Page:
With the rest of the Bonavista Bay area removed from its current riding of Bonavista—Gander--Grand Falls-Windsor, I had to put the area somewhere. The riding boundary proposal created a new north-south aligned riding which united the Burin Peninsula, the Bonavista Bay area, the Bonavista Peninsula and the Trinity Bay area in one riding. My proposal would call for a similar riding. It would also include the Burin and Bonavista Peninsulas, as well as most of the Bonavista Bay area. The riding would also extend into the Avalon Peninsula and would contain most of the Bay de Verde peninsula as well. The boundary commission's proposed boundary in the area goes as far as Salmon Cove on Conception Bay, but due to population reasons, I had to go further down the peninsula and stop before Spaniard's Bay. This would add a significant population centre (Carbonear) to my riding which is why my name for the riding (Bonavista—Burin—Bay de Verde) would be different than the commissions proposed name of “Bonavista—Burin—Trinity”. My proposal contains more of the Bay de Verde peninsula, and more of an area not on Trinity Bay, but on Conception Bay. The population of this riding would be 78,132,

This leaves us with an area of the province very similar to area proposed by the commission. However, my proposal of what to do with the remaining three ridings is somewhat different. I started with the riding of St. John's South—Mount Pearl which has a population of 83,000- which is a bit too big for quotient of 77,000. My proposal would be to remove the portions of the riding in the downtown area, and give those areas to St. John's East. My proposed boundary, which encircles the downtown core, is somewhat more natural than the present boundary along Gower St. These changes would bring down the size of the riding to 77,011- a perfect fit.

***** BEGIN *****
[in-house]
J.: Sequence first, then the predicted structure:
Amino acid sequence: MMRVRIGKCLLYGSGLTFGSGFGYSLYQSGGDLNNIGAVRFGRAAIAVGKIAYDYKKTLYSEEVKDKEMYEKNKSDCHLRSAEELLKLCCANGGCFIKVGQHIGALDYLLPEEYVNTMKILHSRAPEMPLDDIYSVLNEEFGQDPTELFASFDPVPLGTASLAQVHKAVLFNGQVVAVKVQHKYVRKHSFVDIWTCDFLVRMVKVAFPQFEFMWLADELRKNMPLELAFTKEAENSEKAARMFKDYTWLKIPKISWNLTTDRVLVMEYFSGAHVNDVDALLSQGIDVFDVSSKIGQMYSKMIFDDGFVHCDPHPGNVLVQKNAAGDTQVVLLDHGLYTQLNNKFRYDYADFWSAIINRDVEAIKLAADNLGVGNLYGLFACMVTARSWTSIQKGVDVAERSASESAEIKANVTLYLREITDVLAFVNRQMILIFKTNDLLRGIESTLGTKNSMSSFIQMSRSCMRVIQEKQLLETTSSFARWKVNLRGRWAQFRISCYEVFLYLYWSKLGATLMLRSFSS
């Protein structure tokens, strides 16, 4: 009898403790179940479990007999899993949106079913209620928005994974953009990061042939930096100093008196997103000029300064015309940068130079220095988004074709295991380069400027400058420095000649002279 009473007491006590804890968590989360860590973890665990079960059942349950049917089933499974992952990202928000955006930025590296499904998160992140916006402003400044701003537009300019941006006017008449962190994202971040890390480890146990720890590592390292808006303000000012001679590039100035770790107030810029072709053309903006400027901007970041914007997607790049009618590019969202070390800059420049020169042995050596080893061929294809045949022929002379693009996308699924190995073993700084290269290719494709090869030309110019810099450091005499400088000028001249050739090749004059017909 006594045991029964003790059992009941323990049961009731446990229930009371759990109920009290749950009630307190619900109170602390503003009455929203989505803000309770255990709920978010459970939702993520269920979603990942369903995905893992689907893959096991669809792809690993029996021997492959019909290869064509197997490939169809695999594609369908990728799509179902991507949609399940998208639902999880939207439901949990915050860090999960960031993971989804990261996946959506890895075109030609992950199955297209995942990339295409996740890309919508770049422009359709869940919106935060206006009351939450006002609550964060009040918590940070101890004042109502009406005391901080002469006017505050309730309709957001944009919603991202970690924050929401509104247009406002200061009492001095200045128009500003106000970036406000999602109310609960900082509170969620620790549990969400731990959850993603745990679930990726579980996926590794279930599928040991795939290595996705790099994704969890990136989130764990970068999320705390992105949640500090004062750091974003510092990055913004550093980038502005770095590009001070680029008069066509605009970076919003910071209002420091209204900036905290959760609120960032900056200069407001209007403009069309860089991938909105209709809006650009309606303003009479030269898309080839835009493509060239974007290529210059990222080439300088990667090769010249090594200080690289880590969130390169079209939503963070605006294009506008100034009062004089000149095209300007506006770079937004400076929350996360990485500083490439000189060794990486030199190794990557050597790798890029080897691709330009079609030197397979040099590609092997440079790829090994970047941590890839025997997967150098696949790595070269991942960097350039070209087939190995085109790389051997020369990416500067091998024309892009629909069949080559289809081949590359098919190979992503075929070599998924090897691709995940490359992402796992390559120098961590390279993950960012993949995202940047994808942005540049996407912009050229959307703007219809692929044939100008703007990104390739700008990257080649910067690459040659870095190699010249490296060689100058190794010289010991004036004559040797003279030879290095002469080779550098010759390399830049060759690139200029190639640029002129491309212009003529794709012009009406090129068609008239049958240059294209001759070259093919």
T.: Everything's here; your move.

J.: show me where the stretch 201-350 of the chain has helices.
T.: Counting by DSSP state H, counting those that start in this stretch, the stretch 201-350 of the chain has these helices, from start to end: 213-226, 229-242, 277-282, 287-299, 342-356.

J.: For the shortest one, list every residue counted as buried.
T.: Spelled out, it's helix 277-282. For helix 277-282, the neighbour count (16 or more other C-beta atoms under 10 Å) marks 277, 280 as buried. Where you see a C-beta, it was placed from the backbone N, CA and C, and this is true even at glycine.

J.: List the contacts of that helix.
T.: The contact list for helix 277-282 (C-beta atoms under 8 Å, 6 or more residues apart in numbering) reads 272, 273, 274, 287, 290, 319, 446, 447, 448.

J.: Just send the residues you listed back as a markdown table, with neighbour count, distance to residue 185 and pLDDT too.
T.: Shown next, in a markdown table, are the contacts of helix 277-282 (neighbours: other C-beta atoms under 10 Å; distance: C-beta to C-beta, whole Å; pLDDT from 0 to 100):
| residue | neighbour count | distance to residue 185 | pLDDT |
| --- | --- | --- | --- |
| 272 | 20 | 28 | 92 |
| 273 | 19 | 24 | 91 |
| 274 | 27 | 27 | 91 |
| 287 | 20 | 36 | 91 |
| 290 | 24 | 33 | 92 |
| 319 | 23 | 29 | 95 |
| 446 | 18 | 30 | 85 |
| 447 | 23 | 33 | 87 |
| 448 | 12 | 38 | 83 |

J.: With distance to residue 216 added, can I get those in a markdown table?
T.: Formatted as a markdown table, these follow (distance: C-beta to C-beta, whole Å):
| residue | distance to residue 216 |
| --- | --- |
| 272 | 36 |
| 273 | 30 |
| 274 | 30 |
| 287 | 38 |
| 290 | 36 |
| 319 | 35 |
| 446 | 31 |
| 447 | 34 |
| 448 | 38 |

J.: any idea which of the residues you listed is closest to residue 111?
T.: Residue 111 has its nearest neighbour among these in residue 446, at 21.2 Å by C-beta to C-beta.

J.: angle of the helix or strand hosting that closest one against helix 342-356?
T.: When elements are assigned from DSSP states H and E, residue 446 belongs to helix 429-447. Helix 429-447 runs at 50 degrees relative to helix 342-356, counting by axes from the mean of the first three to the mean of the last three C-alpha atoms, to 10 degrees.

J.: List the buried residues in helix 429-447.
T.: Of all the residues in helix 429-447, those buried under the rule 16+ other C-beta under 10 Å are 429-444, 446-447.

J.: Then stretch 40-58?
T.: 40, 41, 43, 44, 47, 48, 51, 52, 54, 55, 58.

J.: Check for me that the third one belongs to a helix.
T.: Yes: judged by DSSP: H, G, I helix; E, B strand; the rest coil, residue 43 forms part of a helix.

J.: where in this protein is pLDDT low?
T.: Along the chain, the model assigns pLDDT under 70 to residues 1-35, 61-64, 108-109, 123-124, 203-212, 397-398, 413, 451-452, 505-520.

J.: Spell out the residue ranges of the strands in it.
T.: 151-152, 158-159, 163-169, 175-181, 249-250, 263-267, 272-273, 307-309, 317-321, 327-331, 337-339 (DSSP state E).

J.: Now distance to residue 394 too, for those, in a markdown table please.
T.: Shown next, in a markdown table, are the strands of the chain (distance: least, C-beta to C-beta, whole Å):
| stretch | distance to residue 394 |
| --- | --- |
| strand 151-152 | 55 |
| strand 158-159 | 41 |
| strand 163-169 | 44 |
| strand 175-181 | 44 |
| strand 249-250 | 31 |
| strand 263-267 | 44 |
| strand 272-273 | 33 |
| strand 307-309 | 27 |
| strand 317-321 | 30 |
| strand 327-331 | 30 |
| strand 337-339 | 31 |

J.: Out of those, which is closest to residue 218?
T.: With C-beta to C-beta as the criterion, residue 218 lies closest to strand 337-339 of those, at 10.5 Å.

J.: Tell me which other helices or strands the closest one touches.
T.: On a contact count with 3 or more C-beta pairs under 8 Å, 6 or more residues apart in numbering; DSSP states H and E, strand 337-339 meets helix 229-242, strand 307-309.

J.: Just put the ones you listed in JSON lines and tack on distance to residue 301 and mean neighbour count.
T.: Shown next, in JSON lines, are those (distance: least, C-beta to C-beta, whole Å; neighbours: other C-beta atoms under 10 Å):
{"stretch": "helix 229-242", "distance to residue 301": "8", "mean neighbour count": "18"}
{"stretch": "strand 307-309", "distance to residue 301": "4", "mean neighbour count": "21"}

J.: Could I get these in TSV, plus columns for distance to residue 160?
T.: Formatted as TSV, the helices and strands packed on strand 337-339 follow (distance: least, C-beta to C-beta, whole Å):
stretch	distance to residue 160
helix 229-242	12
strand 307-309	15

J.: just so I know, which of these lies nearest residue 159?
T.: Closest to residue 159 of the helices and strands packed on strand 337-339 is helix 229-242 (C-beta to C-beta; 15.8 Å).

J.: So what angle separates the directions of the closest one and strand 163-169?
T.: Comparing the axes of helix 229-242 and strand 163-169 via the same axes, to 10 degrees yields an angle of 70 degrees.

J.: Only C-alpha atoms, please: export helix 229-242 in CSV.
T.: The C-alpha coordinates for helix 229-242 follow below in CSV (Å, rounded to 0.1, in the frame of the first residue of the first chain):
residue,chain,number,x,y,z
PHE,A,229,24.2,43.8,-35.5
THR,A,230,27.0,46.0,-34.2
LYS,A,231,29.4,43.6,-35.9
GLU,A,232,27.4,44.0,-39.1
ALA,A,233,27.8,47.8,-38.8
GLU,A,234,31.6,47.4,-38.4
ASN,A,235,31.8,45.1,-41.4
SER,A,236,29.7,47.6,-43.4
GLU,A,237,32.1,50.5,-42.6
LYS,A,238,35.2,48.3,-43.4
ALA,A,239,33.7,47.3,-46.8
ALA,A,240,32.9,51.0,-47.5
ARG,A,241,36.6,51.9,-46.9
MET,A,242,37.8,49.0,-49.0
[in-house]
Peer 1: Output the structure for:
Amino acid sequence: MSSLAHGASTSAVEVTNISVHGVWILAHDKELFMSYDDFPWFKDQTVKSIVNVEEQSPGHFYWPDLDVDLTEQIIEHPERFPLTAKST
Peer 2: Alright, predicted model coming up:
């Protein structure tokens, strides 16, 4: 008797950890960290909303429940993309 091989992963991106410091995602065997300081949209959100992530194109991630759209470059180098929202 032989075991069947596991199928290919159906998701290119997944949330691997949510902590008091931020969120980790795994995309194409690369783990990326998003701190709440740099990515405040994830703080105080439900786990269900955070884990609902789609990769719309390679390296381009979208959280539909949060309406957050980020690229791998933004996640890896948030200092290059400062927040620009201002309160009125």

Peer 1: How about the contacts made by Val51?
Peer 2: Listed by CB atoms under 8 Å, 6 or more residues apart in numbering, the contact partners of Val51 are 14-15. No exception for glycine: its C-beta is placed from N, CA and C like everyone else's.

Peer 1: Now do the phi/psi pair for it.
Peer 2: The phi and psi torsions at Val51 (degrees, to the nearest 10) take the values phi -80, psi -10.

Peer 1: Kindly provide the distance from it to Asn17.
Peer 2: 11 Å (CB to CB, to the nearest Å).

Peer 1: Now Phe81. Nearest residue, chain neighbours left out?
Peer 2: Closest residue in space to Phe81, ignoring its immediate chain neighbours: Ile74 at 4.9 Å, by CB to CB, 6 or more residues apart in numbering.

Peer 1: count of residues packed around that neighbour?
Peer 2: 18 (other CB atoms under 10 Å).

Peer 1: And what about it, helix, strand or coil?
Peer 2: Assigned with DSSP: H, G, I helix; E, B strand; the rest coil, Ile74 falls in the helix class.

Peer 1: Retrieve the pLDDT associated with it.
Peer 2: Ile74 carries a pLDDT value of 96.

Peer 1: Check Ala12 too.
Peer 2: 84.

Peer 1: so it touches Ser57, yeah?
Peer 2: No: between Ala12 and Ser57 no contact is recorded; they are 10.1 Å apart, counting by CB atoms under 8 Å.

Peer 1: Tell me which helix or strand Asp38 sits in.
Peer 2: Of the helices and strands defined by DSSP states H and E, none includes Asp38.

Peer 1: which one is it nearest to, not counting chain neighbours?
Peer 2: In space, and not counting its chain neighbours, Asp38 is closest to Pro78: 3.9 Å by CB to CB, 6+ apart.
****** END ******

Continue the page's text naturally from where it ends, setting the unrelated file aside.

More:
Adding the Downtown area to St. John's East would dramatically increase the size of that riding, even more than it's already huge size of 101,000. Presently, the western boundary of the riding splits up the municipalit of Conception Bay South. The commission's proposal and it's current report split up the City of Paradise. All of these boundaries seem rather arbitrary (the report isolates two neighbourhoods in Paradise from the rest of the city), and my proposal would be to remove all of CBS and all of Paradise from the riding. This makes the Paradise city limits the western boundary of the riding, which makes more sense. And it makes for a good riding size at 77,620.

This leaves us with one last riding, Avalon, which is very similar to the commission's report for the riding. The commission's version of the riding would be slightly larger (81,540) than my proposed version (77,532) as it excludes the Carbonear area, the Bay Bulls area and the Long Harbour area.

That concludes my proposal. If you want to read the commission's report, it can be found here.